William Dalrymple has always been one to keep up with the times.
Opulent presidencies from the British Raj, imposing architecture, formidable forts, dashing Rajputs and debonair Mughals: just a handful of images one conjures up while reading William Dalrymple’s (50) books.
After having written acclaimed books such as In Xanadu (1989), The Last Mughal (2006) and Return of a King (2012), the Scottish writer has now turned his attention to reviving one of his earliest passions — photography.
His first book of photographs, The Writer’s Eye, is a collection of 60 black-and-white frames shot over a period of 18 months. And it has been shot on non-traditional equipment, the phablet Samsung Note — something he describes as an excellent little camera tucked away permanently in his back pocket.
Dalrymple says that, much like his writing, his photography is also inspired by his travels. “This collection is a record of a restless year between books, when I took the opportunity to visit some of the world’s remotest places, especially in Central Asia. Themes relating to Mughal architecture, the ruins of Afghanistan, the domes of Golconda run throughout the book.” A major share of his inventory of images has been shot in Ladakh, Kannauj, Lucknow, Hyderabad, Yazd and the deserts of western Iran.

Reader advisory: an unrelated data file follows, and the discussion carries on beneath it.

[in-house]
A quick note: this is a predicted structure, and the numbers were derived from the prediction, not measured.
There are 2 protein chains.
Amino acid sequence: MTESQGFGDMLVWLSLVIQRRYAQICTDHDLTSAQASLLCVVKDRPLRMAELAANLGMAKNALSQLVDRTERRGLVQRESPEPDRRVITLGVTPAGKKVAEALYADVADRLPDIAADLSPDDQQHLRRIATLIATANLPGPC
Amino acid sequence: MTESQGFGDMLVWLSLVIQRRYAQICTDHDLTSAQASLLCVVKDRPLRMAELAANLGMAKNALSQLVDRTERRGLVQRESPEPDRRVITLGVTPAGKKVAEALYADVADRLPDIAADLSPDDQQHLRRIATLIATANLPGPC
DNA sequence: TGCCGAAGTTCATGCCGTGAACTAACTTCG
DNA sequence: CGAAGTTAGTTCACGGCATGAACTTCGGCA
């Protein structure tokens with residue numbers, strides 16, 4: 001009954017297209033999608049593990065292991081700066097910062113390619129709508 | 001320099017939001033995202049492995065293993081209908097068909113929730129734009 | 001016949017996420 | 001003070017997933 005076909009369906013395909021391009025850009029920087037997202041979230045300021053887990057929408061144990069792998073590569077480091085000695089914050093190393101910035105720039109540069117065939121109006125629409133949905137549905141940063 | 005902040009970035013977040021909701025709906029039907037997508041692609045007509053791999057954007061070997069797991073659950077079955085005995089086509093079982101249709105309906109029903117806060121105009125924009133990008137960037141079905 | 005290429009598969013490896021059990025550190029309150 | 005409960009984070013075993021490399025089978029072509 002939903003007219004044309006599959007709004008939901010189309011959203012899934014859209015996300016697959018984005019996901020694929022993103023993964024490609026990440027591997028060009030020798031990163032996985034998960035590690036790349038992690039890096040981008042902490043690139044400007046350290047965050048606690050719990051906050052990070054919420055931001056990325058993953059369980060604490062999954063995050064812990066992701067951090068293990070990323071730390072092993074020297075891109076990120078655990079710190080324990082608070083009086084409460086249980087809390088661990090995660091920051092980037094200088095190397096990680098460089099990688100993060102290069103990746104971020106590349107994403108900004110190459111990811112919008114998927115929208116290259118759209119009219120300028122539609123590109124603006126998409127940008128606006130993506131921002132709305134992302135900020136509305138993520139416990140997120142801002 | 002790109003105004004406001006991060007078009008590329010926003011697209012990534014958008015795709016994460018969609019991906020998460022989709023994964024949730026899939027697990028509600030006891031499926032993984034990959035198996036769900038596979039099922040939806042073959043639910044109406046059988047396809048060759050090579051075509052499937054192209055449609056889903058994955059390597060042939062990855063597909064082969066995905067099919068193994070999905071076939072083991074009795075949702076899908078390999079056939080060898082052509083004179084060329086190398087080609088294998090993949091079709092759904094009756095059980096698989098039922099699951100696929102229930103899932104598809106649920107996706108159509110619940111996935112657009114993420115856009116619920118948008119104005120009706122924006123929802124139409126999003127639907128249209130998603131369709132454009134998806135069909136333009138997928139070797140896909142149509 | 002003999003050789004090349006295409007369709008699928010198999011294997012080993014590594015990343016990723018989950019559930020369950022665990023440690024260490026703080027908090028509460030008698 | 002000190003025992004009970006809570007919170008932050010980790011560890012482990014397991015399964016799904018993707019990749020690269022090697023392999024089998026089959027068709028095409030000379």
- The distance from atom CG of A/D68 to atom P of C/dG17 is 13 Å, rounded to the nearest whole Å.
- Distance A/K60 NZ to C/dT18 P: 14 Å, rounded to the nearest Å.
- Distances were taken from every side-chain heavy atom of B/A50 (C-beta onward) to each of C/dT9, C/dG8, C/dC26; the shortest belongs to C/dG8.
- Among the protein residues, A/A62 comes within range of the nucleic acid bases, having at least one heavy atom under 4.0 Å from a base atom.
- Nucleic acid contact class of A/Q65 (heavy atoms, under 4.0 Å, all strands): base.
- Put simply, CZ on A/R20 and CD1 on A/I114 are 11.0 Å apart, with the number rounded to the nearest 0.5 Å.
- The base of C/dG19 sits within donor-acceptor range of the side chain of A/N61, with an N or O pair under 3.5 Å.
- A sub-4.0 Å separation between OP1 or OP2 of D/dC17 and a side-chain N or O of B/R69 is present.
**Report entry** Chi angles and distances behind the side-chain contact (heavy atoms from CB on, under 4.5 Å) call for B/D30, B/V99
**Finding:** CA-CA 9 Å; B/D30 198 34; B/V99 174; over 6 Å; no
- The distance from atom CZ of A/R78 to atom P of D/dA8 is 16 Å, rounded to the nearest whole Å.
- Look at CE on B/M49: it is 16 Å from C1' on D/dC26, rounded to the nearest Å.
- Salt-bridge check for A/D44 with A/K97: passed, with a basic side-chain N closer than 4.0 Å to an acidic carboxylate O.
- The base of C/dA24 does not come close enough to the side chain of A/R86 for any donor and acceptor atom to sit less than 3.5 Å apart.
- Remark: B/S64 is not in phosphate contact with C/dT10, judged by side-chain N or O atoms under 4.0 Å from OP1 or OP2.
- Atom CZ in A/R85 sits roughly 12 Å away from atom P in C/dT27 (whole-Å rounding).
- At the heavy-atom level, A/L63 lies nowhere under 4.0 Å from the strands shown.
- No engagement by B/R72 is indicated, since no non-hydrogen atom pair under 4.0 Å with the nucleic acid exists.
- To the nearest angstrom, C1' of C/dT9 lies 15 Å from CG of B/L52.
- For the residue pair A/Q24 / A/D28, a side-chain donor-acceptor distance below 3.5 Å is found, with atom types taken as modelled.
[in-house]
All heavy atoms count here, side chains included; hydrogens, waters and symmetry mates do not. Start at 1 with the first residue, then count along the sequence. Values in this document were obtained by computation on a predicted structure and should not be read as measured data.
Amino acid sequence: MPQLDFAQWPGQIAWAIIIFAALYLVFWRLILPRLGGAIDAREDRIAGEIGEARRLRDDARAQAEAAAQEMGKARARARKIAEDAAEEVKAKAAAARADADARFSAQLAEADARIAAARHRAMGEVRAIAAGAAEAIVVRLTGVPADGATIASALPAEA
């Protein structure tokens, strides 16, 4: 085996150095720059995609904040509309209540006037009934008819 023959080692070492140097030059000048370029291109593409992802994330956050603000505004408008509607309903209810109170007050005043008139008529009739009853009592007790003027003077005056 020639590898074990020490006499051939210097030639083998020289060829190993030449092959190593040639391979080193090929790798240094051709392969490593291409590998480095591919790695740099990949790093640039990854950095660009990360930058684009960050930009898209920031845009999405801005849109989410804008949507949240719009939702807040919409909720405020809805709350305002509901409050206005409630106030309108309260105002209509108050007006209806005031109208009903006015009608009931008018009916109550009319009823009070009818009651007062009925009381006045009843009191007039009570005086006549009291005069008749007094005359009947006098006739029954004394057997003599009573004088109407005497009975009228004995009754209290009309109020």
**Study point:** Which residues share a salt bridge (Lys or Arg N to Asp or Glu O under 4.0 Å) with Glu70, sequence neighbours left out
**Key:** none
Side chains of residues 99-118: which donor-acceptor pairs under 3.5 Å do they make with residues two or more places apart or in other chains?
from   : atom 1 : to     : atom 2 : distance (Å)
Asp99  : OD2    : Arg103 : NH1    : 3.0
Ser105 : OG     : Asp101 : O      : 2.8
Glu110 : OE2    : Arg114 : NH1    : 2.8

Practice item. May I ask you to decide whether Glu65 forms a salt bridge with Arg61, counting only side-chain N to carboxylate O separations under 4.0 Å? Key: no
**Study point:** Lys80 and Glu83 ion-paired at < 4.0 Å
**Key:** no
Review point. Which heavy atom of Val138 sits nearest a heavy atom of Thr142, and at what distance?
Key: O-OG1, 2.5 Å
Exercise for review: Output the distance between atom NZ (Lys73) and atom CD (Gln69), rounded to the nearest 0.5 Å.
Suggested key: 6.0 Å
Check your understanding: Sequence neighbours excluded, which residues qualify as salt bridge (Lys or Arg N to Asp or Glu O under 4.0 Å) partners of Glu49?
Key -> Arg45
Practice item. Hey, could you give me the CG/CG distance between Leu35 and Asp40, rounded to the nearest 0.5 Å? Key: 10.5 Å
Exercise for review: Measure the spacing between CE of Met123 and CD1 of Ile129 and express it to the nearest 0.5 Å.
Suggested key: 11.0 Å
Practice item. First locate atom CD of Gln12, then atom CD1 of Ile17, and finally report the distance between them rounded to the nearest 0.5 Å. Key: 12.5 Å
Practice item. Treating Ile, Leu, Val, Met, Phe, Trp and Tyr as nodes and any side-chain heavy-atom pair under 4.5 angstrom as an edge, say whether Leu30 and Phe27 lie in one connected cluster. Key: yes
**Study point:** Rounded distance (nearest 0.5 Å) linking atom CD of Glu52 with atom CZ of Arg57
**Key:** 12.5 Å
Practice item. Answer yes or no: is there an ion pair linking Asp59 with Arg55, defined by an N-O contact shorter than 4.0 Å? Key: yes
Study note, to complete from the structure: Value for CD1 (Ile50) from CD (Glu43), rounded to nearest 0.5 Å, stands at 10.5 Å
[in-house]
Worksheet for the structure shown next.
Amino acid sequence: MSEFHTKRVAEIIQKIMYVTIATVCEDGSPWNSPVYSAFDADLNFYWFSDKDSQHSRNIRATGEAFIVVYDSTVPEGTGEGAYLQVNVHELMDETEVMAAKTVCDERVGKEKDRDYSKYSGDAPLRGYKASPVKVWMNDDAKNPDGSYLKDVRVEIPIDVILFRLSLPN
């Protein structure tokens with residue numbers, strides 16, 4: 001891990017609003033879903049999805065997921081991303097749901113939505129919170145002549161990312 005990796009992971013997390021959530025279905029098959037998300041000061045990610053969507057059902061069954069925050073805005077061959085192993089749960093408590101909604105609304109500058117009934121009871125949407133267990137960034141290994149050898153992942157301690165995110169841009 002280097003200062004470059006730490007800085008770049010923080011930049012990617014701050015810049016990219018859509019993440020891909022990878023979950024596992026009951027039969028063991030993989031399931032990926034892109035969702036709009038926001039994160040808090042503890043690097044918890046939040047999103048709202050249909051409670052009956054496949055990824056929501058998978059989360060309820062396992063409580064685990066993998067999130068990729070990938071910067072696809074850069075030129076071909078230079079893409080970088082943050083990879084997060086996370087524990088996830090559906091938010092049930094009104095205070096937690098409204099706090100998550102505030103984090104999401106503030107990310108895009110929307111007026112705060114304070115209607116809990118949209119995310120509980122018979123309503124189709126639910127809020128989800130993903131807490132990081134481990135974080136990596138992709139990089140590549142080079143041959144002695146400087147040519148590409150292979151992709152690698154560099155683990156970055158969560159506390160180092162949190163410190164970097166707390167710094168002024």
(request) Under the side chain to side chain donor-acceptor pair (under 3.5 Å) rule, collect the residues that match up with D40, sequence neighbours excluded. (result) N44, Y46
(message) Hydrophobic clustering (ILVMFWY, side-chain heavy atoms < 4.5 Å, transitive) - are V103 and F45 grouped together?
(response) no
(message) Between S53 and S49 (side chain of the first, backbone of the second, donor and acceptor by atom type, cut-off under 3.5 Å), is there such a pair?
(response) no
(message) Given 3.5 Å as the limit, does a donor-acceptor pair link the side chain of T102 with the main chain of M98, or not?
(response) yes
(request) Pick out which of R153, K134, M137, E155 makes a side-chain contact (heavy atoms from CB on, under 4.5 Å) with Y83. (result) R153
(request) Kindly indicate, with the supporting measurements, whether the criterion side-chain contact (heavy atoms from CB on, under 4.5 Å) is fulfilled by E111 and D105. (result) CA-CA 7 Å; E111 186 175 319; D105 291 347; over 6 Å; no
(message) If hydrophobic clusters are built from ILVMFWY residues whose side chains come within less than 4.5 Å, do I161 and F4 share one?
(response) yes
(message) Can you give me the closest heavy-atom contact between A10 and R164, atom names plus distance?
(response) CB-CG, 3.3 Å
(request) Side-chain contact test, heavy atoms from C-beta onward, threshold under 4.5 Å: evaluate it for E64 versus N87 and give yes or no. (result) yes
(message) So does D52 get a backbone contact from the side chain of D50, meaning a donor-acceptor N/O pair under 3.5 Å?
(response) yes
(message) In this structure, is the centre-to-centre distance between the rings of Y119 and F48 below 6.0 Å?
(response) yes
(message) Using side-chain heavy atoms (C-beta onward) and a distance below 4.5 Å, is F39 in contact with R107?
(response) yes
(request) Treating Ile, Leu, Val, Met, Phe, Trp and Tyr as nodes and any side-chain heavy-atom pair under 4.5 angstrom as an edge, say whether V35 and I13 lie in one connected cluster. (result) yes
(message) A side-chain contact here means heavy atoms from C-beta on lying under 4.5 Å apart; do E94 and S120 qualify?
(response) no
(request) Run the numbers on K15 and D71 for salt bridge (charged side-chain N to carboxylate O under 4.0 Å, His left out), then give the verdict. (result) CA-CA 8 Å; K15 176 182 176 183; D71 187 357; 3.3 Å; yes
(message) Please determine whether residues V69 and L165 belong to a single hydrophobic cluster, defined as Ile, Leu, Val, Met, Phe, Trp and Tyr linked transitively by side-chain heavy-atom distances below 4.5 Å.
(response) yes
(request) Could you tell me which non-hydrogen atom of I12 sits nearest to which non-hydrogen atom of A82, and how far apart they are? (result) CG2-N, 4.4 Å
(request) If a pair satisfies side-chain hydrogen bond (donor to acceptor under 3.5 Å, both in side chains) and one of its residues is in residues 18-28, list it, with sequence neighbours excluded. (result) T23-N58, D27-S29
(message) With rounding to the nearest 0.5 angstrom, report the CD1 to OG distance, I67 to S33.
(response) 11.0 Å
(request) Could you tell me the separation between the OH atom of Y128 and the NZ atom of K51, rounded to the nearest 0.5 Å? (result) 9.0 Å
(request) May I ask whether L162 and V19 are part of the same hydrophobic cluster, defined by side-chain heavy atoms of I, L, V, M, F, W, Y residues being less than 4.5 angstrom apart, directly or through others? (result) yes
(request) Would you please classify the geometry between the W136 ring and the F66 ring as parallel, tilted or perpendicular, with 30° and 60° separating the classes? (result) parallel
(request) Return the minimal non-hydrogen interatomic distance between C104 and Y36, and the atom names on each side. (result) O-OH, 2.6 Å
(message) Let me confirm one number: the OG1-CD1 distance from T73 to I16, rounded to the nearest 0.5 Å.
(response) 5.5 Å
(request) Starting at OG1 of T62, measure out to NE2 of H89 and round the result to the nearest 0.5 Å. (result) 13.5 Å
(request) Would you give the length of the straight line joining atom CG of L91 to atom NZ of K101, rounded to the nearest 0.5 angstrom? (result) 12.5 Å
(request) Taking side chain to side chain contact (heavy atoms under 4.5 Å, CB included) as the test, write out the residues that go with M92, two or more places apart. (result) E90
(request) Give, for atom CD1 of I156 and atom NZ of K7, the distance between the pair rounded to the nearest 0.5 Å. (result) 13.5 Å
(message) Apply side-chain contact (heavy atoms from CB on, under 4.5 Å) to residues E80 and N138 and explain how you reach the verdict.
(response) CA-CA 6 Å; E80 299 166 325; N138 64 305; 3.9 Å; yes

Apart from his book, an exhibition of Dalrymple’s work (curated by bestselling writer and Sensorium Festival co-founder, Siddharth Dhanvant Shanghvi) will open at Sunaparanta: Goa Centre for the Arts in Panjim on March 18.
But while this may be the first time he is professionally venturing into photography, he is not new to the medium. His interest in photography goes back to his childhood, when he received a Kodak camera for his seventh birthday.
And the boy was hooked. He’d spend as many hours developing photographs in the dark room as he spent writing, he says. In fact, he says those who knew him as a teenager, still consider him a photographer and not a writer. “I used to spend a lot of time leafing through photographic books. I particularly admired the bleak and grainy war photography of Don McCullin (British photojournalist) and the landscape work of Fay Godwin (British photographer). But my real hero was Bill Brandt (British photographer and photojournalist), whose brooding images were marked by a stark chiaroscuro, a strong geometrical sense of composition, a whiff of the surreal, and a taste for the uncanny and unsettling.”
And though Dalrymple misses the dark room, he has kept up with the latest photo-editing apps on smartphones: “I am a fan of the app Snapseed. It helps me get the perfect dark, grainy tones for my work. I am also a regular Instagram user,” says Dalrymple, while clarifying he “doesn’t do selfies”.
Not that we’d expect him to.
Dalrymple shot Frozen Frames (all photos untitled) over the course of a year, when he travelled across Central Asia. The Writer’s Eye by William Dalrymple is available for pre-order; publisher: Harper Collins India; pre-order for Rs 999 on amazon.in.